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Councilwoman set to get her feet wet

Monday, January 03, 2000

By Mackenzie Carpenter, Post-Gazette Staff Writer

All 15 elected members of the brand-new Allegheny County Council -- even the longtime party politicians like Tom Foerster and Richard Olasz Sr. -- will be charting unfamiliar territory as they serve in the new government.

On the face of it, however, Jan Rea of the North Hills seems more of a neophyte than most. After all, she is the only elected member who lists her occupation as "homemaker," although as the wife of an influential banker she has been active in Republican politics for the past five years.

This is the first in an occasional series of stories following Rea's progress as she learns, along with her colleagues, to navigate this new form of government and to make decisions on budgets, personnel and services.

On election night, Nov. 2, a tall, striking woman stood nervously in front of a television at the Doubletree Hotel Pittsburgh, where a victory party for Republican county executive candidate Jim Roddey was beginning to pick up some serious steam.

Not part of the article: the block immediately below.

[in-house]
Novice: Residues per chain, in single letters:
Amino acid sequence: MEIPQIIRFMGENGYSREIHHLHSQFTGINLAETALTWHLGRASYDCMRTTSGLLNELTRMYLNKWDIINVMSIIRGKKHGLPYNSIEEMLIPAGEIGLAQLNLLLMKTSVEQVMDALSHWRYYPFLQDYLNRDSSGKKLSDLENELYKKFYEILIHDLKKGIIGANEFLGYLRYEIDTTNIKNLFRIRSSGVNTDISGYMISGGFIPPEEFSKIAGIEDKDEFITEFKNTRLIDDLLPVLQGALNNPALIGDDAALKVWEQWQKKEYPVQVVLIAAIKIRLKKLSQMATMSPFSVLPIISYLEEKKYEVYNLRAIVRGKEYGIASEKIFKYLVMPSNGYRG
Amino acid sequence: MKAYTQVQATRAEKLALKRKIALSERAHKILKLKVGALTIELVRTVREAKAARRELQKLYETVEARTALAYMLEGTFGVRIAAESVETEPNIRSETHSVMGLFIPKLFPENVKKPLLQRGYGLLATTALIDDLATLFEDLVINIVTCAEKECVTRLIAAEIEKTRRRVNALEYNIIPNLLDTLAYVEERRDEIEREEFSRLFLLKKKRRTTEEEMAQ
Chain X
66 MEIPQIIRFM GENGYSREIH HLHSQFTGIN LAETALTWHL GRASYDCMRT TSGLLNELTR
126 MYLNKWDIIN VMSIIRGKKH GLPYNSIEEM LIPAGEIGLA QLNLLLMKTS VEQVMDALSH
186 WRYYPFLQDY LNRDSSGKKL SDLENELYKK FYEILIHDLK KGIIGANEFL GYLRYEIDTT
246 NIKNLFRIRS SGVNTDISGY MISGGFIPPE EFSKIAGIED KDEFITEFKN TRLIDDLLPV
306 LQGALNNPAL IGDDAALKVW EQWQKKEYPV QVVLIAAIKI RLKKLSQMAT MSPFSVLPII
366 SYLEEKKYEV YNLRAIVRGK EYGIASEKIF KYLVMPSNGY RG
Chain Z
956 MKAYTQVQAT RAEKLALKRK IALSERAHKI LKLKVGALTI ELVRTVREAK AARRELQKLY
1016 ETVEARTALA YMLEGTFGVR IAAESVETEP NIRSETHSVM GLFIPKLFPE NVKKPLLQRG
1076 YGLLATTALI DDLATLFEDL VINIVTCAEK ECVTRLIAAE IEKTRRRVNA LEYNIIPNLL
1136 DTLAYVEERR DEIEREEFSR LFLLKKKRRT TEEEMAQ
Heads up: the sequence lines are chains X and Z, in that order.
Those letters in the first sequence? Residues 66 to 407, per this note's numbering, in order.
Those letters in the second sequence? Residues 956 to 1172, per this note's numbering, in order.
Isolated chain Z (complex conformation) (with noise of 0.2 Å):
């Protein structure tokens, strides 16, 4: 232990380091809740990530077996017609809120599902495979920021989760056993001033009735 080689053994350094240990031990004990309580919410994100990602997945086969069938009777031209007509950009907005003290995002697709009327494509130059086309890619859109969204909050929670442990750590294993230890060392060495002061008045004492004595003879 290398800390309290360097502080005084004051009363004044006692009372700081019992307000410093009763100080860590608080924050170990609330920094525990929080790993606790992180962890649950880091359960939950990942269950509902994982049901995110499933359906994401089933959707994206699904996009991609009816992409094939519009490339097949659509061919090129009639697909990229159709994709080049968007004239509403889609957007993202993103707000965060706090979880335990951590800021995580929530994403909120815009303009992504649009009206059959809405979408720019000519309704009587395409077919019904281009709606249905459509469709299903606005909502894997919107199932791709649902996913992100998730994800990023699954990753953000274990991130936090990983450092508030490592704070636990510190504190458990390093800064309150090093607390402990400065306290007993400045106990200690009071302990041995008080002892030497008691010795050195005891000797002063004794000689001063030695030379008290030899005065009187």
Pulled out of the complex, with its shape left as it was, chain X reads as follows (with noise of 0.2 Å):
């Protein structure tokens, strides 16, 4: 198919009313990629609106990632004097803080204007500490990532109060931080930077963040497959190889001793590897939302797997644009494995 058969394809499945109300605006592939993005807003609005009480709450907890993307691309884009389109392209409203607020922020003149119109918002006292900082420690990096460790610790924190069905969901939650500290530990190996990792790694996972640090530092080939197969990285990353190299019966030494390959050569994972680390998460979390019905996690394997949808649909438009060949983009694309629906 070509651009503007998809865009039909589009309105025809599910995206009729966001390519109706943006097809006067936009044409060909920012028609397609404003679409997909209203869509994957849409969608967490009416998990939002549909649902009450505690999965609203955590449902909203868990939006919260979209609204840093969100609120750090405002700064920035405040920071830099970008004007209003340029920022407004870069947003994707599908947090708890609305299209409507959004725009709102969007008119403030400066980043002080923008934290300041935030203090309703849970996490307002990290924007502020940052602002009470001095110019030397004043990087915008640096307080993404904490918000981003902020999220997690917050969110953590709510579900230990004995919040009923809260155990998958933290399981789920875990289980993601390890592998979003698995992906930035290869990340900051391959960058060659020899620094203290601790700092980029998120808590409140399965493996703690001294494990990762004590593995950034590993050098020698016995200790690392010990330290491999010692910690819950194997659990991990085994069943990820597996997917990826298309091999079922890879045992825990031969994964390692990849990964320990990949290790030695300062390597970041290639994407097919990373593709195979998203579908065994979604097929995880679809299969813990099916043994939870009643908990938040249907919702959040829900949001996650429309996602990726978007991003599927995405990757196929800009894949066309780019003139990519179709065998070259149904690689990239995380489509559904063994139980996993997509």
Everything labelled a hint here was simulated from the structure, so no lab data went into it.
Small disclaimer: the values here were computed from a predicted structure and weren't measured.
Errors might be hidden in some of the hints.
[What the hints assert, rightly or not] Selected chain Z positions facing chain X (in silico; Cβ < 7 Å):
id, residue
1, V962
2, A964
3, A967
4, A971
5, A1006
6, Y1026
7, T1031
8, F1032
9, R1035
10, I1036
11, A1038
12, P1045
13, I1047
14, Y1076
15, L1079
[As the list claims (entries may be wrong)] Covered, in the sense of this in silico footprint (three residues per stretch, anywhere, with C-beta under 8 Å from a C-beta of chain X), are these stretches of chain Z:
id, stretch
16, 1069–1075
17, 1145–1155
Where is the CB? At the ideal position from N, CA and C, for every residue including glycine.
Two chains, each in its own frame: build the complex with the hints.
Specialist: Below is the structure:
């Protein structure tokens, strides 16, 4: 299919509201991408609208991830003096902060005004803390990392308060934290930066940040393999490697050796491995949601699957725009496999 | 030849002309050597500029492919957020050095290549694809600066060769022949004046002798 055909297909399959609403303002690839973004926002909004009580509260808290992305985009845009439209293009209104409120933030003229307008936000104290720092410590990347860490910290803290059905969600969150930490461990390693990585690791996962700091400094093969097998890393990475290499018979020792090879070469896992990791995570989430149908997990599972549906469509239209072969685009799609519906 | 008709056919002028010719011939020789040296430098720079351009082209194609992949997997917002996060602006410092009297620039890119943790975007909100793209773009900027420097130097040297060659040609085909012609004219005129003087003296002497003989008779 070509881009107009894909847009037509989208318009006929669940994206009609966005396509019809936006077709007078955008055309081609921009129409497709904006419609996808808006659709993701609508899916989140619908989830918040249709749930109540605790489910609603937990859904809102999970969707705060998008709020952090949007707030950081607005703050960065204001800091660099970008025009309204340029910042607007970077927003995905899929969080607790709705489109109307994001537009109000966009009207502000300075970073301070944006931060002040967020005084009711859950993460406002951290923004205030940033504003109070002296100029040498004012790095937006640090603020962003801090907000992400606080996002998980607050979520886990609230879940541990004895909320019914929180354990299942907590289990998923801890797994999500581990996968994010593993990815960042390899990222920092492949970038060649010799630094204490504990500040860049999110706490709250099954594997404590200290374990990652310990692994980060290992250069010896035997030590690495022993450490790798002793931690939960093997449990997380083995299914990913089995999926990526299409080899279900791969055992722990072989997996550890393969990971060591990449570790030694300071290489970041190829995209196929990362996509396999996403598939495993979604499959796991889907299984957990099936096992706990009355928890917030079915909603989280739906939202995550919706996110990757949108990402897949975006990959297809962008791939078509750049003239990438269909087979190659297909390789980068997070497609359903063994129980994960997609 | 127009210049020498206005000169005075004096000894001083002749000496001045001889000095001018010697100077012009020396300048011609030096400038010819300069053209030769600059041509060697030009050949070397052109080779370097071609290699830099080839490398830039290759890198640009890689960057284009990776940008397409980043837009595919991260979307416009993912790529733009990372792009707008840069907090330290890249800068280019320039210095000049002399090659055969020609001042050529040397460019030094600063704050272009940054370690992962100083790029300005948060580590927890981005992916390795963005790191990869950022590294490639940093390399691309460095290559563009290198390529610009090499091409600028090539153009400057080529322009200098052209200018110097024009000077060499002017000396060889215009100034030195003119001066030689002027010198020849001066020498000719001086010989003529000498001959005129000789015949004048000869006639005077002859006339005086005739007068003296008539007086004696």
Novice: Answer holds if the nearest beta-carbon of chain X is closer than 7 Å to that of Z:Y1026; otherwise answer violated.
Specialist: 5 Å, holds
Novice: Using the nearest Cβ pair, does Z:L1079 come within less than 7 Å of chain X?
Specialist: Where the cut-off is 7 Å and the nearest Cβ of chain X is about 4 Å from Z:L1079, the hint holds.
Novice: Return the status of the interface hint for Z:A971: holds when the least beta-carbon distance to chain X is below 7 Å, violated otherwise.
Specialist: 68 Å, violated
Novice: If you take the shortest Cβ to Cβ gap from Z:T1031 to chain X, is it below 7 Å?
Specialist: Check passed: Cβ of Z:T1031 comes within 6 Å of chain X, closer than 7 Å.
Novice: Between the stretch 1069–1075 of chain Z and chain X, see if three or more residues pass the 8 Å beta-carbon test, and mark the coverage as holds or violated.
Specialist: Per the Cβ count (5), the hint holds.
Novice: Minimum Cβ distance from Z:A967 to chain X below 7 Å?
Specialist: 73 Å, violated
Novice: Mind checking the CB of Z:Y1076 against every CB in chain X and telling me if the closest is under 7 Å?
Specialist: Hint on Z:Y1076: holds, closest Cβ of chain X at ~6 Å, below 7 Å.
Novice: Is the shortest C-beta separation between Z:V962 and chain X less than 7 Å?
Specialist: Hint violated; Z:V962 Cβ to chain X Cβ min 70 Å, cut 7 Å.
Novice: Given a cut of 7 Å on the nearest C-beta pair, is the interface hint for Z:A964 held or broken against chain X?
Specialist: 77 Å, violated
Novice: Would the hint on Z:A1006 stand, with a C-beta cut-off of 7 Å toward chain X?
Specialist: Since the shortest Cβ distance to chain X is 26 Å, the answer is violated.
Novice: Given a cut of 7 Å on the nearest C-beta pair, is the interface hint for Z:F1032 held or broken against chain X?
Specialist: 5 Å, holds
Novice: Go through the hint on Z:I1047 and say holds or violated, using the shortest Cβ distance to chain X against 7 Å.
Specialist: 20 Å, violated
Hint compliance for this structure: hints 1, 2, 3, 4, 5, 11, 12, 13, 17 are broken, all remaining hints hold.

Jan Rea is readying herself for her new job with that same attention to detail that she learned 25 years ago as a legal secretary. (Matt Freed, Post-Gazette)

With 80 percent of the vote tallies in, it was clear that Jan Rea had won a spot on County Council as a representative of District 2 in the North Hills.

But Rea declined the congratulations, keeping her eyes riveted on the flickering television set until the very last minute. That amused some political veterans in the room. They chalked it up to a novice's insecurity.

"I just wanted to make sure every vote had been counted" before declaring victory, Rea says today, brushing off the notion that as a first-timer she was somehow unsure of herself.

"Nobody is sure they're electable until every vote is counted," the 48-year-old McCandless resident says firmly. "I've watched people campaign, and no matter how sure they're going to win, you just never know. There's something about having the total vote count in, and most politicians will tell you they aren't ever really comfortable until their name is on there as the winner."